How do you square up a modern miter saw? A table saw? What if it’s cordless?
Well, did you check the user manual?
Every time I have to say this in response to an email, or even face to face, I worry about it sounding a little condescending. There’s really no polite way to ask someone if they read the friendly manual, is there?
Help, my [brand name] miter saw isn’t making perfectly square cuts. What do I do?
Updated Step 0: Buy a Square
I tend to use a combination square for setting up or adjusting my equipment. They’re not too expensive. Following are some options at Amazon, but you can find combination squares at most hardware stores or home centers too.
Step 1: Refer to the user manual.
Often, consulting a power tool’s manual will take less time than the back-and-forth emails it takes for me to figure out what precisely someone could be having difficulty with.
If you lost your manual, that’s okay, you can find very many online. And if you cannot find the exact manual for your saw, maybe you can find one from the same brand, or even better yet, for a similar style and sized saw of the same brand.
Most manuals will at least describe which knobs or screws to loosen to make an adjustment, and the better ones will have diagrams. The most detailed user manuals make no assumptions as to your level of experience, and will show you how and where to check for squareness.
Sure, you might learn some tricks from the internet, but there’s no quicker way that picking up a user manual and a square or other precise layout tool. That should be your first stop. If you still have questions, then it’s okay to take to the internet.
For example, consider a miter saw. Is the blade square to the table? If not, you can often adjust the 0° bevel stop. Is the fence square to the blade? If not, you can often adjust the 0° miter scale or stop.
Here’s the PDF user manual for the above saw, DW716XPS.
The DW716 also has adjustable bevel stops at 45°.
For the most part, popular brands’ user manuals will give you a very good primer on how to safely use and adjust a new power tool.
I wish I could say the same for all kinds of equipment, especially those that are only made in China these days, but that’s unfortunately not the case.
If you buy a table saw, for example, it *should* provide all the information you need to operate the saw safely, and to adjust it if needed.
You will often need a square. I usually use a combination square, which can be found for $9 and up (links in the list above), but there are lots of different tool options out there. Usually, any square will work, as long as it has a precise 90° angle, and it’ll fit where you need it. With combination squares, you can always remove the square head from the ruler. I haven’t found a tool where the square head is too big. Big is good, as larger squares give you greater surface area to reference off of surfaces, but things can get a little more complicated when a square is too large.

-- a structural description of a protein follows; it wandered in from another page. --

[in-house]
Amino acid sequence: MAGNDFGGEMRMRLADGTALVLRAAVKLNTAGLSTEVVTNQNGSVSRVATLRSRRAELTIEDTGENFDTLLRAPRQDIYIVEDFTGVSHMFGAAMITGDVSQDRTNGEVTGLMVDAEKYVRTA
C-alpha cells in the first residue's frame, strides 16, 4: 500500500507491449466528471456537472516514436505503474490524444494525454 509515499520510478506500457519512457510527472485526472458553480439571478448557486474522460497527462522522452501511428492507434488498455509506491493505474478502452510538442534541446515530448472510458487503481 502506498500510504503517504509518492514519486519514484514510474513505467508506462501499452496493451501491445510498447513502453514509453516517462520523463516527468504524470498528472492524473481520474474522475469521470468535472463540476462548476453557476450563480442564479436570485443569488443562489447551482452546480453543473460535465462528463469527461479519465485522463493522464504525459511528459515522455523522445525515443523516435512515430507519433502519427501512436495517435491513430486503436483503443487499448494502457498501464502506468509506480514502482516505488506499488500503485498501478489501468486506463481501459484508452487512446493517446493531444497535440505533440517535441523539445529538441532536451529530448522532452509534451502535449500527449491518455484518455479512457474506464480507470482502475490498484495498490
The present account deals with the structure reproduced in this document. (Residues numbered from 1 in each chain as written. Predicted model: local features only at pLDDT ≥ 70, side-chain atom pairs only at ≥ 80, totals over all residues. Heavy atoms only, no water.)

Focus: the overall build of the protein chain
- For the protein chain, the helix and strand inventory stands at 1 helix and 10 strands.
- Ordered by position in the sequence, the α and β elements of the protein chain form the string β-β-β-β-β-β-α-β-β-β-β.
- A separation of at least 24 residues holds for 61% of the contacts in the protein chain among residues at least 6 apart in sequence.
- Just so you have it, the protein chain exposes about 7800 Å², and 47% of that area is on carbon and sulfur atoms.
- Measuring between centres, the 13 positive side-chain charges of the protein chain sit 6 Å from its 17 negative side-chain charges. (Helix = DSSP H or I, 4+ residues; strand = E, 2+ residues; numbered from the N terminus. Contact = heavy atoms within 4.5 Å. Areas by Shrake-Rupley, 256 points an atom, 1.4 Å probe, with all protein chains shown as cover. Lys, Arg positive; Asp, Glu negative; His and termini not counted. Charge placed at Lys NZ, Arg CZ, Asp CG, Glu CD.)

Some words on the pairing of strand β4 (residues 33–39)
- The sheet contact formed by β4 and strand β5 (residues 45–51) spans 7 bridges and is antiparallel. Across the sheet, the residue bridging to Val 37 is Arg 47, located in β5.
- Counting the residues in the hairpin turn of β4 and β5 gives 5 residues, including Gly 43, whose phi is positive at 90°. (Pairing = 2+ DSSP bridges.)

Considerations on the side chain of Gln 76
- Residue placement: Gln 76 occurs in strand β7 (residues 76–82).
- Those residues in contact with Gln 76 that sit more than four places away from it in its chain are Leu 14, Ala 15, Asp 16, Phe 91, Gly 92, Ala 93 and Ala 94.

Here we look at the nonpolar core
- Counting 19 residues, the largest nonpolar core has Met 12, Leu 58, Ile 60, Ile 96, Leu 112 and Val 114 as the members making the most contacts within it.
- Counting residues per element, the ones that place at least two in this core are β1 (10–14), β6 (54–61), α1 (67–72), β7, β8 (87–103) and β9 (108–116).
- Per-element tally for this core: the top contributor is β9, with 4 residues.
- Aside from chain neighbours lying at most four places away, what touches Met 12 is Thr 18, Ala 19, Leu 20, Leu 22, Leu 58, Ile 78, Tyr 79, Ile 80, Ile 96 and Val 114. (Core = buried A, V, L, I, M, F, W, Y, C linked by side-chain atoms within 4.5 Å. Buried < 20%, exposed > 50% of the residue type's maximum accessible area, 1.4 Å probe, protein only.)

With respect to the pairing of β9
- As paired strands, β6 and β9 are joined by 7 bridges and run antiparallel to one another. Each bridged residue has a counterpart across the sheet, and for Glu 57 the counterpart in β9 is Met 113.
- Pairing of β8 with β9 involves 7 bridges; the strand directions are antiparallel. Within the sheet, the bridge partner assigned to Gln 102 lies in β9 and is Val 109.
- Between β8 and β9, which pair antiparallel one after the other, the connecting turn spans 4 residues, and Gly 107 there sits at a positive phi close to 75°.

So, how do you square up your miter saw or table saw?
Step 1: Consult the user manual.
Step 2: In the absence of a user manual, check with the manufacturer, who might have a PDF they can send you, or at least a parts or features diagram.
Step 3: If there’s no manual, and the manufacturer cannot or will not hep, seek out help or advice on a forum or elsewhere, and provide as much information as you can.
While more experienced users might sometimes have pro tips they can offer, all the basics will usually be in the user manual. Or in the case of Festool, you might also need or want to download a supplemental manual.
That all said, do you have any miter saw or table saw squaring-up calibration tips?
Squaring Up a Miter Saw
While I started off writing this post a little tongue in cheek, I probably should have added a little more instructional detail at the start.
Here’s the follow-up, which gives you a little more guidance:
The title of that post is a little silly, but there are some more details and diagrams.
Still, saws from different brands, or even the same brand, will have different adjustment screw locations. That’s why it’s important to refer to the user manual – because that’s usually the best source of information when it comes to learning how to use, adjust, or maintain a tool or piece of equipment.
I’ll start work on a less tongue in cheek post about table saw squaring-up, for a proper-follow-up.